After working with teachers and schools for 18 years, I’ve had extensive experience coaching teachers in their classrooms. So it came as somewhat of a surprise to find that video coaching provided me with a whole new set of tools to support teachers—in particular, the ability to watch and review teachers’ videos allowed both of us to reflect more deeply on specific moments of instruction.
In May 2015, I had the opportunity to introduce the Shared Inquiry method of learning to Lutz Preparatory Academy in Lutz, Florida. After much research, the principal at Lutz, Bonnie Guertin, came to the conclusion that the school’s curriculum would be enriched by implementing Junior Great Books and using the Shared Inquiry method of learning. She was confident that this academically rigorous method of teaching and learning was well aligned with Florida standards and assessments, while providing teachers with questioning strategies to develop students’ critical-thinking skills across the curriculum.
Following a year of training and on-site coaching, Junior Great Books had taken root at Lutz, and Principal Guertin decided to further enhance professional development efforts with the addition of virtual coaching. She soon found that the combination of on-site visits and virtual coaching through Insight ADVANCE was invaluable:
“When students and educators have a growth mindset, they understand that aptitude can be developed. Video coaching with Junior Great Books has allowed our staff to focus on improvement instead of worrying about evaluation of current skill sets. The video coaching gives teachers the ability to reflect and adjust instructional practices while gaining feedback with productive dialogue. We are also able to target beneficial professional development that moves the whole school forward. My leadership team embraces the value that video coaching provides our teachers.”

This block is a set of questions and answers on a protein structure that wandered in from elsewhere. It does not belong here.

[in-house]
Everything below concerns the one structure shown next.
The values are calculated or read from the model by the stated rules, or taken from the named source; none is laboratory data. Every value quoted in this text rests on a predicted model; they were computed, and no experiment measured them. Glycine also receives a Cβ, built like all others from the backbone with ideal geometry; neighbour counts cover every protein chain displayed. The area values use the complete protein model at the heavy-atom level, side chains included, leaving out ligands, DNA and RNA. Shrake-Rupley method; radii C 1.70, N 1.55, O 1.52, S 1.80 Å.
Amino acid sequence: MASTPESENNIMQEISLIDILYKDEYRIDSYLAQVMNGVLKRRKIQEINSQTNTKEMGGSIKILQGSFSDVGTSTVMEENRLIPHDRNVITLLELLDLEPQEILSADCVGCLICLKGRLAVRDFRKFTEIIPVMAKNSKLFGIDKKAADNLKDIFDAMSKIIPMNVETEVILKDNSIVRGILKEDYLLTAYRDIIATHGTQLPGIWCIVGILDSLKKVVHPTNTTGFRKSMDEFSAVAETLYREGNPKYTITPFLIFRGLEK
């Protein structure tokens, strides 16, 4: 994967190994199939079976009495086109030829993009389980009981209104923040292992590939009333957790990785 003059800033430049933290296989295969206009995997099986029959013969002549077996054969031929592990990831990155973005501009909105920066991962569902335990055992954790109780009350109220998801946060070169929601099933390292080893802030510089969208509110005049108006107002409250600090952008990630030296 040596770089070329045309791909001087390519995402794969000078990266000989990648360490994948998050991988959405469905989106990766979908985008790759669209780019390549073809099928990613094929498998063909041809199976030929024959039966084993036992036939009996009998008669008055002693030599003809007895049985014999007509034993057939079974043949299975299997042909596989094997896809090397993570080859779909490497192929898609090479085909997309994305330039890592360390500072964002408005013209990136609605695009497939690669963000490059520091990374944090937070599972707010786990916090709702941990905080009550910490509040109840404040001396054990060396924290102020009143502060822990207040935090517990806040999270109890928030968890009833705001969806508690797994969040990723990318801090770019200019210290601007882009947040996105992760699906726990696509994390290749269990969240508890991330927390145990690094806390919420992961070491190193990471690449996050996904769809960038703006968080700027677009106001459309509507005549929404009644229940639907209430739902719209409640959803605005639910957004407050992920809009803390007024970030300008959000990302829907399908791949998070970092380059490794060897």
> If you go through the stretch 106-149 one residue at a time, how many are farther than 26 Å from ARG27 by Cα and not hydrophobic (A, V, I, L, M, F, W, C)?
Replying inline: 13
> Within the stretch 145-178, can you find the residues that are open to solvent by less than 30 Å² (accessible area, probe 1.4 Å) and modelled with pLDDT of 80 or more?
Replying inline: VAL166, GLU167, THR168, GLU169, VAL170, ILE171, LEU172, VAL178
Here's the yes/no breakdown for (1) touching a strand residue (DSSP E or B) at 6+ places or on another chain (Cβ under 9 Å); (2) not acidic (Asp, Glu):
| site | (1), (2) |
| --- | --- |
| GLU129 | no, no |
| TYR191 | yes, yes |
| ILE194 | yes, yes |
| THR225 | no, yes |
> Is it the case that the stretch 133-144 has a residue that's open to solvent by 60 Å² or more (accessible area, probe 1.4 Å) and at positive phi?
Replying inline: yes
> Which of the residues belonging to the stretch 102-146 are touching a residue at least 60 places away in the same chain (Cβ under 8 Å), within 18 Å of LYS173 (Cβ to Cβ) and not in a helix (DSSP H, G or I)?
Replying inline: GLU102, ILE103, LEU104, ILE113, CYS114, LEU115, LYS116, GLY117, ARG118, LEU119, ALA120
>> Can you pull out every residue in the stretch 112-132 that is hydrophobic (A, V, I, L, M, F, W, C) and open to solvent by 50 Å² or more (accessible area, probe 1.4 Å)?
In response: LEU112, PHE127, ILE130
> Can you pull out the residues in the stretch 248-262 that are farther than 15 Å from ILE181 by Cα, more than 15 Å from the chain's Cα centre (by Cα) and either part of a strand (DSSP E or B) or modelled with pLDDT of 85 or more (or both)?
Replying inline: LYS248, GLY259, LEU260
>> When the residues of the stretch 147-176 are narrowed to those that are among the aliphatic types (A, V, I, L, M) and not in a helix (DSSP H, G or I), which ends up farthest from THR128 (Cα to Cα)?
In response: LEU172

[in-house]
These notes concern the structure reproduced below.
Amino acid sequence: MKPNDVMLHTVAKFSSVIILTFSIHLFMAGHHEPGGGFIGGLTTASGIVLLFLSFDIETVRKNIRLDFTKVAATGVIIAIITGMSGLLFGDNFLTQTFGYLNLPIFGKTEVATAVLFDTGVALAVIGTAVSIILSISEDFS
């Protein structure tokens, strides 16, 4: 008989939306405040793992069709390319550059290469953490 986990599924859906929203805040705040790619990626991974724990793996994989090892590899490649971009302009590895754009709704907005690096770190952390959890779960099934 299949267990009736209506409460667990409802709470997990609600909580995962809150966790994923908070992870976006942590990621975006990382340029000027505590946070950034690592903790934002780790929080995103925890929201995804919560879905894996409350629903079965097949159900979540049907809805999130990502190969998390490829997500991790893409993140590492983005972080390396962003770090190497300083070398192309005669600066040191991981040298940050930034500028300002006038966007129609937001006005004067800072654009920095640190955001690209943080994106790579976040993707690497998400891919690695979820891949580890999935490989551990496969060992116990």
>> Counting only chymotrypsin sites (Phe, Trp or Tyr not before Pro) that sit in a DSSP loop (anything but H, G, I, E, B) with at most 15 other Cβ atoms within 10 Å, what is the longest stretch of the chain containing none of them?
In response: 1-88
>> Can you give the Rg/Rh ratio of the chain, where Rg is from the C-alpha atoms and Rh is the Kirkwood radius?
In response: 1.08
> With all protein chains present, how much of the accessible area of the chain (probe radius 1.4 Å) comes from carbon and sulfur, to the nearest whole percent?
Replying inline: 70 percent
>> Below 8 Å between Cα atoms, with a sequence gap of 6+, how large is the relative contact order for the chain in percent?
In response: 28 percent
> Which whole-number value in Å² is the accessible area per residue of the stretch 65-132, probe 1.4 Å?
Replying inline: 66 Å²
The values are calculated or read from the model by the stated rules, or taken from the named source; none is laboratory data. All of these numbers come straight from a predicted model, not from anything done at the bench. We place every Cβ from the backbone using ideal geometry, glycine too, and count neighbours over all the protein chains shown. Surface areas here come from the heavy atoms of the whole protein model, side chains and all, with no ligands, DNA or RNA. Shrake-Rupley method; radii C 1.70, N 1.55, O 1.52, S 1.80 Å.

The success of the virtual coaching was a result of the collaboration between myself, the teachers, and school administrators. Before beginning video coaching we agreed on two clear parameters:
- In my role as coach, I was the only one who could comment on the videos. (The principal had “read only” access, should she choose to use it, but she chose not to use it for the first year.)
- The videos were not to be used in relation to formal teacher evaluations during the first year, giving teachers a chance to get comfortable with the process.
In a final survey, one fourth-grade teacher commented, “I appreciate the feedback given through filming. I am able to return to the film and read through the feedback prior to classroom discussions for a refresher on what I should continue to do and areas in which I can work to improve.” Most teachers agreed that virtual coaching improved their use of the Shared Inquiry method.
Here’s how the video coaching process worked: Once teachers learned to use the ADVANCEfeedback platform, they recorded, uploaded, and tagged 20-minute videos of themselves conducting Shared Inquiry Discussions. This process gave them the opportunity to reflect on the content, identify many of their own strengths and weaknesses, and recognize some of the next steps they needed to take.
I responded to each tag, and added my own comments and suggestions. For example, I might identify a moment when a teacher had the opportunity to draw quieter students into discussion. I then completed reports with detailed suggestions for next steps. This gave me the opportunity to hone in on exact moments in a Shared Inquiry discussion and provide feedback. This means that each teacher received specific and differentiated support.
I was excited to see how readily the staff at Lutz adopted virtual coaching as an extension to their professional learning. The support staff at Insight ADVANCE worked closely with me to make sure virtual coaching was a success.
For 2017–2018, Great Books Virtual Coaching will focus on Lutz’s early elementary and middle-school grades. Lutz plans to expand its implementation by using ADVANCEfeedback for its own internal PD and coaching around Shared Inquiry. I look forward to supporting teachers and administrators as they continue inspiring their students to think critically.